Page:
Kirsten Stanisich, Architect and founder of Richards Stanisich

2. Decorating your apartment: Which paint colours work best in an apartment?

This is where the fun begins so be true to your taste when choosing colours for your apartment. “Personal preference plays a large part in the ‘right’ colour scheme,” says Kirsten. “Lighter, neutral base palettes typically lay a strong foundation to add colour with styling and furniture. This allows anyone to control their ideal colour palette and alter the space over time without ever touching the architecture.”

office nook
Why not make room in the bedroom or guest room for a home office nook? (Credit: Photography: Natalie Hunfalvay / Stylist: Lisa Burden)

3. Apartment layout: How to make the most of your space

Gone are the days of small, boxy rooms with immovable walls and a lack of open-plan living. “The expectation of modern apartments is a suitable blend of communal and private spaces, with an open kitchen/living providing ample space and natural light,” says Kirsten. “To maintain a sense of size and space in a smaller dwelling, it’s crucial to acknowledge you are ‘downsizing’, meaning you cannot cram the contents of a 5-bedroom house into a 2-bedroom apartment!” A practical review of your needs is key and transitional furniture, such as extendable dining tables, sofa beds and nested side tables can offer the flexibility to accommodate guests when entertaining. “It sounds obvious, but sit down with the agent or developer, look at the plans and consider exactly how you will use and maximise each space,” says Kirsten.

Look at possibilities for using spaces for more than one purpose. “With a greater number of people choosing to work from home, making space for a study desk in the bedroom or living room is also a consideration,” says Kirsten.

Take a walk around the neighbourhood for a view into apartment living.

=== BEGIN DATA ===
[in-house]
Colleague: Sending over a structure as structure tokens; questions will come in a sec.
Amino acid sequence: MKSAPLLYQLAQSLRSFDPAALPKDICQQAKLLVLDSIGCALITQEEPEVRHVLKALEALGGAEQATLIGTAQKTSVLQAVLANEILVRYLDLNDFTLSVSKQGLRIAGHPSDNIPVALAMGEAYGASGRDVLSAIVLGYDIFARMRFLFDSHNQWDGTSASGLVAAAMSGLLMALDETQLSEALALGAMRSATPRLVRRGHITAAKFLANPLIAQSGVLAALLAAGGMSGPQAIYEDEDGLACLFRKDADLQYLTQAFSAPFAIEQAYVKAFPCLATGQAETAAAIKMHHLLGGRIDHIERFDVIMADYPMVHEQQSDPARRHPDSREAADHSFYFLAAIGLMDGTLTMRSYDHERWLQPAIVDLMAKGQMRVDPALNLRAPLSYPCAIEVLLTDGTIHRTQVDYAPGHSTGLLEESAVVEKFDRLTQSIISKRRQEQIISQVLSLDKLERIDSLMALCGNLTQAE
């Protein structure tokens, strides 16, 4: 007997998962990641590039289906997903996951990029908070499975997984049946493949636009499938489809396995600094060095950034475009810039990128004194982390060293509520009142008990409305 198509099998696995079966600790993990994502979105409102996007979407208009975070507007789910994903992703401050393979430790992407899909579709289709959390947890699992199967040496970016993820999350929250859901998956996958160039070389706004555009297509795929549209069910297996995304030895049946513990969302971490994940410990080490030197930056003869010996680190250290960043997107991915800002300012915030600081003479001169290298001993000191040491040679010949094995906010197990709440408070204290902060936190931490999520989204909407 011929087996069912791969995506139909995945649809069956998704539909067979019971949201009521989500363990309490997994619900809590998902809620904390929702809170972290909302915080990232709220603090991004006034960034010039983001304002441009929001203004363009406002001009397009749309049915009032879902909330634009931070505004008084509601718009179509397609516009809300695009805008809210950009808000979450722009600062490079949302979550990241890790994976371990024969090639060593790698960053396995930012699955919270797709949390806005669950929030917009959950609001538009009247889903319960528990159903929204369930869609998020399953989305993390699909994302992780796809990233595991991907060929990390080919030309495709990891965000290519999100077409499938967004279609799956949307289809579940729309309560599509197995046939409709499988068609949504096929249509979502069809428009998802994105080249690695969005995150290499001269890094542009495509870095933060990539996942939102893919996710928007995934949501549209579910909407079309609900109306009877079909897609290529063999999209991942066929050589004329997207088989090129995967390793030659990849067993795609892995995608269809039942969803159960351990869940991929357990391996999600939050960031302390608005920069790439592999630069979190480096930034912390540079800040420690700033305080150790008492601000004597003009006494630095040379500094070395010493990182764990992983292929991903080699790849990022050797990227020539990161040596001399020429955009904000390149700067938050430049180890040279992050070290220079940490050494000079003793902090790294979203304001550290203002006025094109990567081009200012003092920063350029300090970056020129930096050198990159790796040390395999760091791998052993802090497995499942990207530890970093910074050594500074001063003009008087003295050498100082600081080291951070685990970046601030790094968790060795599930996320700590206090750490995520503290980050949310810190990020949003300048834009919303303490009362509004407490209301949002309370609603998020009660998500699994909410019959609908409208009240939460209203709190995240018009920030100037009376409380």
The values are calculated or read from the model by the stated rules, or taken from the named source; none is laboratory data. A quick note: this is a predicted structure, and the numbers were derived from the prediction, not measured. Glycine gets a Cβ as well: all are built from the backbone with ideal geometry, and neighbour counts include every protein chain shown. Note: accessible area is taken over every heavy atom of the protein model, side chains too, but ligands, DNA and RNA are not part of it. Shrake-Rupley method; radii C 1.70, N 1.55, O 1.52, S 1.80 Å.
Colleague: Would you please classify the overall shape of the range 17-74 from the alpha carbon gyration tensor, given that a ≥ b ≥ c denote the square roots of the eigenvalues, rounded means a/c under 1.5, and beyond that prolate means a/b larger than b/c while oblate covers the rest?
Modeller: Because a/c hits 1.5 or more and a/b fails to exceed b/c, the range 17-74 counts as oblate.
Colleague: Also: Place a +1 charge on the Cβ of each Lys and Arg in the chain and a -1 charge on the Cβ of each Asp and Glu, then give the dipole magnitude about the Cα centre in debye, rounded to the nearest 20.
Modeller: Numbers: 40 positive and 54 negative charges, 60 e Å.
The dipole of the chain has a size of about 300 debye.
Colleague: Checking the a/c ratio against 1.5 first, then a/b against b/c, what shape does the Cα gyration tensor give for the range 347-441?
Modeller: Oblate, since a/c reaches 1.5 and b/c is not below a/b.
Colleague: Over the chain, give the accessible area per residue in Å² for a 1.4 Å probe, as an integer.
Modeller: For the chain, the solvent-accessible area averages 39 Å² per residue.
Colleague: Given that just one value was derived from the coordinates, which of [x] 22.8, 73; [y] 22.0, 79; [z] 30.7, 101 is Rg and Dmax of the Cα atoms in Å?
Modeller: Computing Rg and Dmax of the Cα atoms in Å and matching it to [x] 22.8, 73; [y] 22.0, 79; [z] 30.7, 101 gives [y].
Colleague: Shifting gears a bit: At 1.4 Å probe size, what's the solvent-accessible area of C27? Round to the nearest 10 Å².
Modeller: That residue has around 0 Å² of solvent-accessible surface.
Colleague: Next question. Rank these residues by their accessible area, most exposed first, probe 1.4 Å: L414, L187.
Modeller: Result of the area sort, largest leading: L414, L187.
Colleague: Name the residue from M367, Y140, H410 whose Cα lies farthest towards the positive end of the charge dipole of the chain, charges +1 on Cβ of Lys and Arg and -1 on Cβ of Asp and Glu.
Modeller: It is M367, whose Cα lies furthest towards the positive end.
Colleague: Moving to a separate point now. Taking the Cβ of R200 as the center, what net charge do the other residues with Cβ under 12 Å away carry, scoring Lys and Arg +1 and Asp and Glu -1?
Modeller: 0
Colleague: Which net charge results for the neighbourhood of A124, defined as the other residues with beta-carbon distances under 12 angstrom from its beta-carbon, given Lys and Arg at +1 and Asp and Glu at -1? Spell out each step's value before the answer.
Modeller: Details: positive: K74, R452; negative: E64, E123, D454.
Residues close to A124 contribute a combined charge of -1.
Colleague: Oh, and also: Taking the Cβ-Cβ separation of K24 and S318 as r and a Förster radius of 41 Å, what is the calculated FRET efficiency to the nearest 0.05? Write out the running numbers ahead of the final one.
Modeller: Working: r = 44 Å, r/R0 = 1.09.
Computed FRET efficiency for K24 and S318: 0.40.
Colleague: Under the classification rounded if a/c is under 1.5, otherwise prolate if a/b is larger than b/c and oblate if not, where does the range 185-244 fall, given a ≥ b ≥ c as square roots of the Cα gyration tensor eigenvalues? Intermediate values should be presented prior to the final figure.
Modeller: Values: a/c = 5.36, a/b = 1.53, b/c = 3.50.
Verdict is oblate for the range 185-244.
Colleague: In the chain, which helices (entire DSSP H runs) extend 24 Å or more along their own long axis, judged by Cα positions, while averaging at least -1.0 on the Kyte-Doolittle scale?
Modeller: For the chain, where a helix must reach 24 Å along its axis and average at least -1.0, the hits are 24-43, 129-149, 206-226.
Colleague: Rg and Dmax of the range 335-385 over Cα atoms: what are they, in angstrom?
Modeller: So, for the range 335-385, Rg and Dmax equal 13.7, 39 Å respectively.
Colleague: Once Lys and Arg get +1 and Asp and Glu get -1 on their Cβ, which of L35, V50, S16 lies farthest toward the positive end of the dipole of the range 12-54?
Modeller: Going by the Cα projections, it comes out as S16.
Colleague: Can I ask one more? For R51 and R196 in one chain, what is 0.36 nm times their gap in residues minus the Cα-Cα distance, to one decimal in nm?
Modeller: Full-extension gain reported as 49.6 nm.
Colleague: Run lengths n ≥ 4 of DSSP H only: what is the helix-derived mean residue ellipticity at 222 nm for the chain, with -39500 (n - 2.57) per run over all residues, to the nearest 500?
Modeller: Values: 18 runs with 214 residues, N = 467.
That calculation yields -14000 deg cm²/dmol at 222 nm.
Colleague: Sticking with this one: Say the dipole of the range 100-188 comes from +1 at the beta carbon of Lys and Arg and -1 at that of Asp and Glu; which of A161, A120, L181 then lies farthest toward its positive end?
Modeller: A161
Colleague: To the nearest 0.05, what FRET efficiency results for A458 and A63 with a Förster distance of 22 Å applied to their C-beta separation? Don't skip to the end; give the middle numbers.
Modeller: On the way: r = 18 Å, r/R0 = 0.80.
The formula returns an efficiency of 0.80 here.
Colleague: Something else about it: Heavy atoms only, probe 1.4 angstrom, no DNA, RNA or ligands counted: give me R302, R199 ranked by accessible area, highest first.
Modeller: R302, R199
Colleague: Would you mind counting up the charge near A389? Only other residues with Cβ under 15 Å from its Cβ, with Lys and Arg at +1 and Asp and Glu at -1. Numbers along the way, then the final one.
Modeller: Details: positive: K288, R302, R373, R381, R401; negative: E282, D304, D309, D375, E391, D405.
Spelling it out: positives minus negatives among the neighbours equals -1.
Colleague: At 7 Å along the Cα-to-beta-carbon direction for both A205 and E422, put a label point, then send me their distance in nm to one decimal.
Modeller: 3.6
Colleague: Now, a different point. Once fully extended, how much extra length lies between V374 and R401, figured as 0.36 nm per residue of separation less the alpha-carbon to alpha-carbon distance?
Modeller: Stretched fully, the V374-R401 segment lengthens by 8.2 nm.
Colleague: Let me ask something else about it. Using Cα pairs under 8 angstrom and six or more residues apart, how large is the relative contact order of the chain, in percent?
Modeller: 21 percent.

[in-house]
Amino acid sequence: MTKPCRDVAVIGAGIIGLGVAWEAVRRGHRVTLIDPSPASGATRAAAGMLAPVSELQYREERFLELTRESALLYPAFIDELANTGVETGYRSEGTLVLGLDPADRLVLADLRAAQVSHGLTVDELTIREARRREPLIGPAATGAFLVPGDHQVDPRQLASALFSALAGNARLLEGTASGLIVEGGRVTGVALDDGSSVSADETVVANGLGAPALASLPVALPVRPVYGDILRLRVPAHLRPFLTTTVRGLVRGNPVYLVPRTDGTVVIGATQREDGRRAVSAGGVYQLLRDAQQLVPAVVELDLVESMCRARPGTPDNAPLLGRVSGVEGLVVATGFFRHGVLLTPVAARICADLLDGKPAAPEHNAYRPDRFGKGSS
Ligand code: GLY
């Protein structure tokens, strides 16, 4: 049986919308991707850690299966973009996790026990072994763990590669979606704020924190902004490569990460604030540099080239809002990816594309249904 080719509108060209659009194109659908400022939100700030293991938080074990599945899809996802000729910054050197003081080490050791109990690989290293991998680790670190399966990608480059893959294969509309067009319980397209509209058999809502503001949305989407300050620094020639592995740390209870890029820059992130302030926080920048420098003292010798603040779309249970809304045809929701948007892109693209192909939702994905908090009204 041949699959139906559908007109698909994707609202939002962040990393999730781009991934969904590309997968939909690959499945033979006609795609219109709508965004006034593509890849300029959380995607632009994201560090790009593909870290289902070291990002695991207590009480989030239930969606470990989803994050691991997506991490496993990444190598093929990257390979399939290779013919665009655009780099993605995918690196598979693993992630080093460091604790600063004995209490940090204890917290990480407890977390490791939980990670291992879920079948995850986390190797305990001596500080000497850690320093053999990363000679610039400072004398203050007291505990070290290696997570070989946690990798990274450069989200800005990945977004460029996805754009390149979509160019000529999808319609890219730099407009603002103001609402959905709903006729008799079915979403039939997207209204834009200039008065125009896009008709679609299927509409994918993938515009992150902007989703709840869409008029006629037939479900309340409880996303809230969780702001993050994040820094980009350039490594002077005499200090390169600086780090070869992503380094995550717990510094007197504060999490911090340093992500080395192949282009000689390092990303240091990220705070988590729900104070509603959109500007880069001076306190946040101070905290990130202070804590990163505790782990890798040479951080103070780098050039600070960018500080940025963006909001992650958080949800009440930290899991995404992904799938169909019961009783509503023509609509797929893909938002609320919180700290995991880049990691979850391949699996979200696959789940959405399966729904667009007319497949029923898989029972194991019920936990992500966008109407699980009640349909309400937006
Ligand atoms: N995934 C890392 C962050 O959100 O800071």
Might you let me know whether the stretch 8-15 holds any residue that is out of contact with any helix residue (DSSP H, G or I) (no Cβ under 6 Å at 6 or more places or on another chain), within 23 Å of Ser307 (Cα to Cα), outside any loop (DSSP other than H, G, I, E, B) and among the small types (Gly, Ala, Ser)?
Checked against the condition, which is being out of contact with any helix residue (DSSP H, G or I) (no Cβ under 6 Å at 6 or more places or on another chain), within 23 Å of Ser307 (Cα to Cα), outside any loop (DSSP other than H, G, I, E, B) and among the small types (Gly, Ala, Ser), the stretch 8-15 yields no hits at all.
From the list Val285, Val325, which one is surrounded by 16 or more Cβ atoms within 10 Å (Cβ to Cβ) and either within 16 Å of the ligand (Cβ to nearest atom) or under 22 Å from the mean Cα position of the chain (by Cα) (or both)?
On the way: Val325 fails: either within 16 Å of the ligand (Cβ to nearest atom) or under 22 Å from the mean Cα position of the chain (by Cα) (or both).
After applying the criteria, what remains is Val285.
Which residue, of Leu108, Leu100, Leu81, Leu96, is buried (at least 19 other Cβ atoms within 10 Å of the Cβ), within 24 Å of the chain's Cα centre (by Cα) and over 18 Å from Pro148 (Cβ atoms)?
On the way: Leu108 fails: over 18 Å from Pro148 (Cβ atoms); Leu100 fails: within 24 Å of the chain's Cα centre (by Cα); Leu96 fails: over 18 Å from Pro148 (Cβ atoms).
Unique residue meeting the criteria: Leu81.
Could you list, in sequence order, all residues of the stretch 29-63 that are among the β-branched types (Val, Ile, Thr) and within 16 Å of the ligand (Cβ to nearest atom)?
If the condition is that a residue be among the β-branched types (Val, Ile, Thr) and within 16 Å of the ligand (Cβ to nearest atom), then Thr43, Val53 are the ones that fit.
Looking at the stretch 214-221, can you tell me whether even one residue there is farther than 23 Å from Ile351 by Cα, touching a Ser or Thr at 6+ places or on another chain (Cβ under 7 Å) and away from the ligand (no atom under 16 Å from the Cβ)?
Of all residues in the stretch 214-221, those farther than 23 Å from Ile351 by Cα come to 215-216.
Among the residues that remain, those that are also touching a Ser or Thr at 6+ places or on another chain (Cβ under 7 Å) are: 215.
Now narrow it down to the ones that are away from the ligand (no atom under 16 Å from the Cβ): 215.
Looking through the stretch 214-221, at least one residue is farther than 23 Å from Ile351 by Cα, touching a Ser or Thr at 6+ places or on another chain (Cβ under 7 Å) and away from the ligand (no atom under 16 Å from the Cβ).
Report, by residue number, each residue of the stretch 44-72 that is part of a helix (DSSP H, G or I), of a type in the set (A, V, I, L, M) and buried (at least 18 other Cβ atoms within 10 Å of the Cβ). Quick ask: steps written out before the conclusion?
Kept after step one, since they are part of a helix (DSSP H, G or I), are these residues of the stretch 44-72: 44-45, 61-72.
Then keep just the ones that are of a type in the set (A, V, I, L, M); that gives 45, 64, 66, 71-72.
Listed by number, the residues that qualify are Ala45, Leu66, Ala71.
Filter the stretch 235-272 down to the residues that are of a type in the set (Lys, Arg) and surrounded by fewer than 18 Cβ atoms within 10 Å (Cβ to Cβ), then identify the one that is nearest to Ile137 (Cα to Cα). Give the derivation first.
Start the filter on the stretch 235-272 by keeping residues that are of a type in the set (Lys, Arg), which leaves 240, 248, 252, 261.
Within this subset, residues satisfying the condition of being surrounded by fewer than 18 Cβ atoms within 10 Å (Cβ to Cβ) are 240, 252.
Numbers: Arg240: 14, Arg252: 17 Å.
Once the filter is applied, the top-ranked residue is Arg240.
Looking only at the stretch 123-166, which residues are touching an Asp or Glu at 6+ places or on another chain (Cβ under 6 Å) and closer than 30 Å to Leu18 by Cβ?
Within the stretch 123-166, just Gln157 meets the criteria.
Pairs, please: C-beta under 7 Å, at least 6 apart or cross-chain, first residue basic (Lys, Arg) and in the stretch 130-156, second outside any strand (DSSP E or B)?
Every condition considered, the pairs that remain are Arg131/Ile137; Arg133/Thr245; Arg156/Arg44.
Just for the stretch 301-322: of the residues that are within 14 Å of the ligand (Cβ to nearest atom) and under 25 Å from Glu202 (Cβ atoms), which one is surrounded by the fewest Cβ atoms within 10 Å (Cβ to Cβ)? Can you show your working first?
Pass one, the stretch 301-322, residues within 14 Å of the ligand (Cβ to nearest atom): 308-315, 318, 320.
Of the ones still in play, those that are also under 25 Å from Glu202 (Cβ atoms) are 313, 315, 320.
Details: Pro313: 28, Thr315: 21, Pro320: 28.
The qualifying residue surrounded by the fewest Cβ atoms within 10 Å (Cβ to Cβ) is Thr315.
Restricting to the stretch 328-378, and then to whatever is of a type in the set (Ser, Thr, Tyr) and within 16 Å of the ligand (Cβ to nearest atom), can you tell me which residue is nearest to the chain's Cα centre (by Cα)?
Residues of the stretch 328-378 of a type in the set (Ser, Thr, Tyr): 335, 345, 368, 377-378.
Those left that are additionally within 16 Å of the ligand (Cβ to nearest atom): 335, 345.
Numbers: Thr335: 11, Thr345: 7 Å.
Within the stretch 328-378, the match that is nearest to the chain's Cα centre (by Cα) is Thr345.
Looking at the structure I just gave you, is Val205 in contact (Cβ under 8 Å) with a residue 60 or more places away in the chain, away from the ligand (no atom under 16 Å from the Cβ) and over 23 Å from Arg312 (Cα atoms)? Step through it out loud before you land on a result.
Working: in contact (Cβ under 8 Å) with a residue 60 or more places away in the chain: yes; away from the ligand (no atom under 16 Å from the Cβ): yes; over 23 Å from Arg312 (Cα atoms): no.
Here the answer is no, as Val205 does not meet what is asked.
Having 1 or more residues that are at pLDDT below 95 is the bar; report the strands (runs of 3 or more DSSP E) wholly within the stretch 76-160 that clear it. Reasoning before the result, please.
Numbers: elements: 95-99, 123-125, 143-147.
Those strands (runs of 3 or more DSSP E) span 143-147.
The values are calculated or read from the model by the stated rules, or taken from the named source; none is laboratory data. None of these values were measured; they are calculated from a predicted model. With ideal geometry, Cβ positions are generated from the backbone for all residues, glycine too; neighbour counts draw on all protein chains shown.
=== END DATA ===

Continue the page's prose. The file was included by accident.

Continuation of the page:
(Credit: AURA by Aqualand)

5. Apartment storage: How to avoid excess clutter

If you are renovating or can plan your apartment layout before you move in, custom cabinetry is the most efficient use of space for storage. A built-in study nook alongside a fireplace or kitchen island can be ideal. The same goes for a built-in laundry. Take stock of what you currently have and what works well and collect ideas from other homes, showrooms and even restaurants for apartment storage ideas. 

Design tip: “Book an appointment with a window furnishing supplier so that you have any blinds and curtains installed as quickly as possible.”

Kirsten Stanisich, Architect and founder of Richards Stanisich

6. Apartment lifestyle: Embrace the difference

With less time spent cleaning and maintaining your home, the apartment lifestyle brings exciting opportunities to enjoy the spaces around you, so do your research on the neighbourhood and visit parks and nearby cafes, local libraries and restaurants for a glimpse into your new life.

“Look for an apartment with great communal amenities like cafes, restaurants or a communal pool,” says Kirsten. “This will help you meet your neighbours and form new connections that make you feel like you’re back at home.”